Photo Credit: ©IFPRI/Farha Khan

The October edition of the FAO GIEWS Food Price Monitoring and Analysis (FPMA) Bulletin finds mixed trends in international cereal prices. The global price of wheat rose by 6 percent in September, due in large part to weather-related concerns in the US, Australia, and Argentina. This places wheat prices 14 percent above their September 2016 levels; however, abundant global supplies and strong export competition have worked to limit the price increase.

Global maize prices fell in September to 1 percent below their August levels; prices are also marginally lower than their September 2016 levels. An anticipated bumper harvest in the US, combined with large global supplies and low export demand, played a large role in the price reduction.

Global rice prices remained relatively steady from their August levels. While prices rose in some regions (notably the US, India, and Thailand), they fell in others (including Pakistan and Vietnam); these mixed movements kept overall global prices stable.
The FPMA report also provides early warnings for high country-level food prices that may negatively affect food security. This month’s report included several domestic price warnings.

Rice prices reached record highs in Bangladesh in September, rising by more than 30 percent from their September 2016 levels. Lower production and imports in 2016 combined with a reduced harvest early in 2017 have driven much of this price increase; in addition, there remains concern about the second-season harvest, due to begin in November, as a result of flooding in July and August. The Government of Bangladesh recently launched an Open Market Sale on rice in an effort to slow the price increase and has also increased rice imports to support domestic demand. In reaction to rising rice prices, many households have slowed consumption of rice in favor of cheaper wheat flour; this increased demand has resulted in an increase in the price of wheat flour as well.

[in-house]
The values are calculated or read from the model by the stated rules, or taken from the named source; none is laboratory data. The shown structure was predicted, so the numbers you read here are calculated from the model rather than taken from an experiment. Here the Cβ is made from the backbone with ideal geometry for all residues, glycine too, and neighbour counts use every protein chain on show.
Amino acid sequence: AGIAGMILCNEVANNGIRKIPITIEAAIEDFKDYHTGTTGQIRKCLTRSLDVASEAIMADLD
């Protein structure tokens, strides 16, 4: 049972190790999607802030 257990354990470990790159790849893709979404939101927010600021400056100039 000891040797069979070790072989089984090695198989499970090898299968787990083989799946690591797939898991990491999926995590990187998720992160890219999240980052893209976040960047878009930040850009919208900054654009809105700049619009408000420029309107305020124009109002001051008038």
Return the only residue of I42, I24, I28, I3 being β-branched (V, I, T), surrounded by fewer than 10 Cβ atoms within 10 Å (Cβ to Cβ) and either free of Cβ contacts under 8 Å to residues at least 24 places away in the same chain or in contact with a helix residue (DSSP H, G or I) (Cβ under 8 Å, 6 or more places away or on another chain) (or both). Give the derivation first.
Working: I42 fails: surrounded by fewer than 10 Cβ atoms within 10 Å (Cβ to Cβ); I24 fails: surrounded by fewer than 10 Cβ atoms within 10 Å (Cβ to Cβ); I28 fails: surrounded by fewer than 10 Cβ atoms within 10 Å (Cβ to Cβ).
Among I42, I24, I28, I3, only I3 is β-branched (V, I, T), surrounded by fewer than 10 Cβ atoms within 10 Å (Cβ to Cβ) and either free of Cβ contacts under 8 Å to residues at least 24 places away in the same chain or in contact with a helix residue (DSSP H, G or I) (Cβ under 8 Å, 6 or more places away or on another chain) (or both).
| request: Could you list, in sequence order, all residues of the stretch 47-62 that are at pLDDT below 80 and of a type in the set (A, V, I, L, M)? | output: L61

Grain prices also remained at record highs in Ethiopia in September. Fall Armyworm infestation and concern over the second-season harvest contributed to keeping prices high. Fall Armyworm is estimated to have infected up to 23 percent of the total area planted to maize. The Government of Ethiopia has engaged in numerous monitoring and control measures to stop the spread of the infestation.

In Niger, the price of coarse grains fell in September from their peak in August. However, civil insecurity continues to threaten normal market functioning in some areas. In addition, localized production shortfalls in 2016 and reduced imports from neighboring Nigeria have kept prices well above their September 2016 levels.

Staple food prices remain high in Nigeria as a result of depreciation of the local currency, trade restrictions, and civil conflict in the northeastern regions of the country. Annual food inflation remains at 20.3 percent. However, ongoing early harvests and some recent stability in the exchange rate have put some downward pressure on prices.

By: Sara Gustafson, IFPRI

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